YPSILANTI, Mich. (CBS DETROIT) — The City of Ypsilanti is working to improve safety for pedestrians and bicyclists throughout the city. They have partnered with St. Joseph Mercy Ann Arbor and Washtenaw Area Transportation Study (WATS) to research methods to reduce traffic speed on city streets.
“St. Joe’s is focused on community efforts aimed at positively influencing the social determinants that influence one’s health to reduce the health disparities we know exist in our community, ” said Alonzo Lewis, president, St. Joseph Mercy Ann Arbor and Livingston hospitals.READ MORE: Whitmer Recommends Mask Rules For School Districts As Delta Variant Spreads
Lewis said, “Supporting the city of Ypsilanti and WATS to create safer streets and promote pedestrian and bicycle use is a great example where we can influence our community’s broader health and wellbeing.”
The streets currently included in these efforts are:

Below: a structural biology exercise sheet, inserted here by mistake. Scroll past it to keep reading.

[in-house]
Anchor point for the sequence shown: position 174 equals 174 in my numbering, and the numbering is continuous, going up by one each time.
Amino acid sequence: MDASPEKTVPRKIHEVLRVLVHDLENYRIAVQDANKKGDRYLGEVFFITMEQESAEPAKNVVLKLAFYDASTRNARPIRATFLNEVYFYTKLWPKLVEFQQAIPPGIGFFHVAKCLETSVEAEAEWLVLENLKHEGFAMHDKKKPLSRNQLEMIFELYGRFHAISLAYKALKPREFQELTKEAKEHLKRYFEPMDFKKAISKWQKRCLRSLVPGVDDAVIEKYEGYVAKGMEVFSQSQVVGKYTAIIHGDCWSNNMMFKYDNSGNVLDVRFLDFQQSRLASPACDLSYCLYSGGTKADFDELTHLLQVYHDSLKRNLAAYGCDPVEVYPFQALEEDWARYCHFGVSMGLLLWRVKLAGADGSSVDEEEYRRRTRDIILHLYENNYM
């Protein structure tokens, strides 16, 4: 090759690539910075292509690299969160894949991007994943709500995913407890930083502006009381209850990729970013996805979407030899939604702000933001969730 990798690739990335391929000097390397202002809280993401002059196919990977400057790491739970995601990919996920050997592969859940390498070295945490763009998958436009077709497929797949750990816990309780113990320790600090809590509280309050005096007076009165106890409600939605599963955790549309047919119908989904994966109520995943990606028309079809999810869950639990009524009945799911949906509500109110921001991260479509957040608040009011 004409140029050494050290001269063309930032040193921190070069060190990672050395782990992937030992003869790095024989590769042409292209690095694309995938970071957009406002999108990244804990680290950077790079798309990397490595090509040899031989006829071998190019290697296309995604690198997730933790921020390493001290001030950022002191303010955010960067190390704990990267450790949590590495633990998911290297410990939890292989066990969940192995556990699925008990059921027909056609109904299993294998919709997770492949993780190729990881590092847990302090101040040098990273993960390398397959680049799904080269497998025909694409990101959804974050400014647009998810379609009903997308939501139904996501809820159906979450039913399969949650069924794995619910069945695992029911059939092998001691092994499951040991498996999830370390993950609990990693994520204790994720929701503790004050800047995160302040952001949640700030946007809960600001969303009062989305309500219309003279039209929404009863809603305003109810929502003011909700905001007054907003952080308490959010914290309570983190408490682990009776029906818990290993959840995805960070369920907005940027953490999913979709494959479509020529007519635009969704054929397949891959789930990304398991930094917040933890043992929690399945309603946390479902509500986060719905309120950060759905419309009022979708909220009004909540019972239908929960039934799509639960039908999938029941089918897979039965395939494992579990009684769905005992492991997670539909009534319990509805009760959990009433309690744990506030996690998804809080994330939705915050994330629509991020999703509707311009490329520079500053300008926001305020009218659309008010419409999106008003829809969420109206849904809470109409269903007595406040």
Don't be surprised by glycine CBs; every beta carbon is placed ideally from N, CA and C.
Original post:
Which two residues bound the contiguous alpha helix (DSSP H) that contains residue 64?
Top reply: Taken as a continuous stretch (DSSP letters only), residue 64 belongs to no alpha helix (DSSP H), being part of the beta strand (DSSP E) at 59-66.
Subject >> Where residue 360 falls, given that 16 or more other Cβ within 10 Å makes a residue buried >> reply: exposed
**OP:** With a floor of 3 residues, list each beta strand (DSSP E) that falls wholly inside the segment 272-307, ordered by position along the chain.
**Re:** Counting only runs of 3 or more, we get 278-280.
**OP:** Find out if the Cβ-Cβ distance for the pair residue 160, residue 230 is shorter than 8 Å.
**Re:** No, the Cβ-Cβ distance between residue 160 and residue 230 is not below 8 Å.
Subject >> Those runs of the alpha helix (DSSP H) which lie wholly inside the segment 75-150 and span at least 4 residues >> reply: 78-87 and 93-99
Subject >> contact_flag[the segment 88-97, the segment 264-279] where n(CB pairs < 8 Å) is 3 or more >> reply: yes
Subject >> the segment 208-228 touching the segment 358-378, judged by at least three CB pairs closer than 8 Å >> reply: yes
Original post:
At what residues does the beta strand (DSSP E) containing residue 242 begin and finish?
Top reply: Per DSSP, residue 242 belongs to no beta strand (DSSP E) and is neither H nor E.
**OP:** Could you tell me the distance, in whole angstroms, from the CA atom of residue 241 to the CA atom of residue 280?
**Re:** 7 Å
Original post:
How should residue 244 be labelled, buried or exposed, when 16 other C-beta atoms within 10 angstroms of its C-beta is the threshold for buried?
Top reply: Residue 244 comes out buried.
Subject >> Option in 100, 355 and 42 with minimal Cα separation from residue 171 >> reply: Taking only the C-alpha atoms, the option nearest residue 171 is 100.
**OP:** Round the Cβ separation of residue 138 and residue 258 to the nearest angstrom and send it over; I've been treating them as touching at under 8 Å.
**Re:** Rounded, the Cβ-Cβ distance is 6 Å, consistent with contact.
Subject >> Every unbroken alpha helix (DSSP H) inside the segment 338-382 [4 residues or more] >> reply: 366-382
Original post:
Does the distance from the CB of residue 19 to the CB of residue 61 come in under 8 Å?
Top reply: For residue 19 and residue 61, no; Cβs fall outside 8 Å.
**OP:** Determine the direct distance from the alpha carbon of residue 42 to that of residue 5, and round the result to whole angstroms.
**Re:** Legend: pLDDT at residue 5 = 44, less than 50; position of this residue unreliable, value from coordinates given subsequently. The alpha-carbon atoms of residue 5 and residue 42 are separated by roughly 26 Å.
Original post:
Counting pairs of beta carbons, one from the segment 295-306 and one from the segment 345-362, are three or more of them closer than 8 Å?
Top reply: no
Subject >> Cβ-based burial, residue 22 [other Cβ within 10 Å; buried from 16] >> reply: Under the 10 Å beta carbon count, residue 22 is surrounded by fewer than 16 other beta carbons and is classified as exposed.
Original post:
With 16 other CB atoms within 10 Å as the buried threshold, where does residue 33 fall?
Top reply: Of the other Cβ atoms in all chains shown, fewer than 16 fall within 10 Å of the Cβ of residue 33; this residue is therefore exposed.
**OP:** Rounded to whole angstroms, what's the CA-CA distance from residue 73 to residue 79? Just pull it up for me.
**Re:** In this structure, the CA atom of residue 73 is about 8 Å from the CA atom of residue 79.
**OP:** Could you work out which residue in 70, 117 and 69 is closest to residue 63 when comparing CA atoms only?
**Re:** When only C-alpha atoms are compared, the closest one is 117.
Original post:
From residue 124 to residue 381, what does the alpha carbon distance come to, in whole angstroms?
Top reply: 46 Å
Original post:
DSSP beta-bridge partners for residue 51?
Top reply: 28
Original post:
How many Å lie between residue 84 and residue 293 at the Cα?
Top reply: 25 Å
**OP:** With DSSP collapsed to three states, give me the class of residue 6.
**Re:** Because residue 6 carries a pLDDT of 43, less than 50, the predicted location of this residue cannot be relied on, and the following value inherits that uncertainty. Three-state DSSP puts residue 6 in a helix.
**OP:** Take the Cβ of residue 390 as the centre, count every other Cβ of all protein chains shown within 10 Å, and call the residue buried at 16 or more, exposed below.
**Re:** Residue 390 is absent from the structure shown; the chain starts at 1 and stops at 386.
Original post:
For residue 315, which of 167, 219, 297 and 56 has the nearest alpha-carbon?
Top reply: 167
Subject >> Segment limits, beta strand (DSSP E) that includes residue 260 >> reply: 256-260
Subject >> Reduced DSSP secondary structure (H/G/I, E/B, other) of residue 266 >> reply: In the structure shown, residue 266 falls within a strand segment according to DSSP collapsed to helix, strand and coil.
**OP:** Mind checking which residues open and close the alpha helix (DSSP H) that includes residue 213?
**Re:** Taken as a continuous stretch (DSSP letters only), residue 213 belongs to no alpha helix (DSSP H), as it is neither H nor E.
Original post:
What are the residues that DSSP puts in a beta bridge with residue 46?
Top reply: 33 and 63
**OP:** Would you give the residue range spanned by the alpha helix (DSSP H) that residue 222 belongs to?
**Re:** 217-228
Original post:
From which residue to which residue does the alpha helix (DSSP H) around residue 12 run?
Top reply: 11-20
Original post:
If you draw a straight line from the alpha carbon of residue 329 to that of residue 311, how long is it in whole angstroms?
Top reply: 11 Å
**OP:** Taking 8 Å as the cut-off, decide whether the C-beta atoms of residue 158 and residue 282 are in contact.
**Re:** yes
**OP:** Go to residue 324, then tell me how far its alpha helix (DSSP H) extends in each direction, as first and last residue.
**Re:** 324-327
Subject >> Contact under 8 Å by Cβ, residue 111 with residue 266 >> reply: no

- Second Ave, from Michigan Ave. to Monroe
- Cross, from Prospect to River St.
- Prospect, from Cross north to City Limits
- N. Mansfield, from Washtenaw Ave to Congress
These areas were chosen due to recent and recurring complaints about driver behavior, such as speeding, and the need for improved safety measures for pedestrians and bicyclists.READ MORE: Automakers Reinstate Mask Mandate At All U.S. Facilities
“The City of Ypsilanti is committed to creating an environment that supports the health, safety, and welfare of all of our residents and visitors. By enabling people to bike and walk to work, for errands, for exercise, and for recreation, and by encouraging drivers to drive more safely within the City, we can help everyone lead longer, healthier, and more fulfilling lives,” stated Frances McMullan, City Manager.
He said, “As we recover from the effects of coronavirus, it’s more important than ever to support healthy living.”
They will test low-cost design concepts that are aimed at walking and bicycling improvements. The designs are being informed by NACTO (the National Association of City Transportation Officials) and the MMUTCD (Michigan Manual on Uniform Traffic Control Devices).
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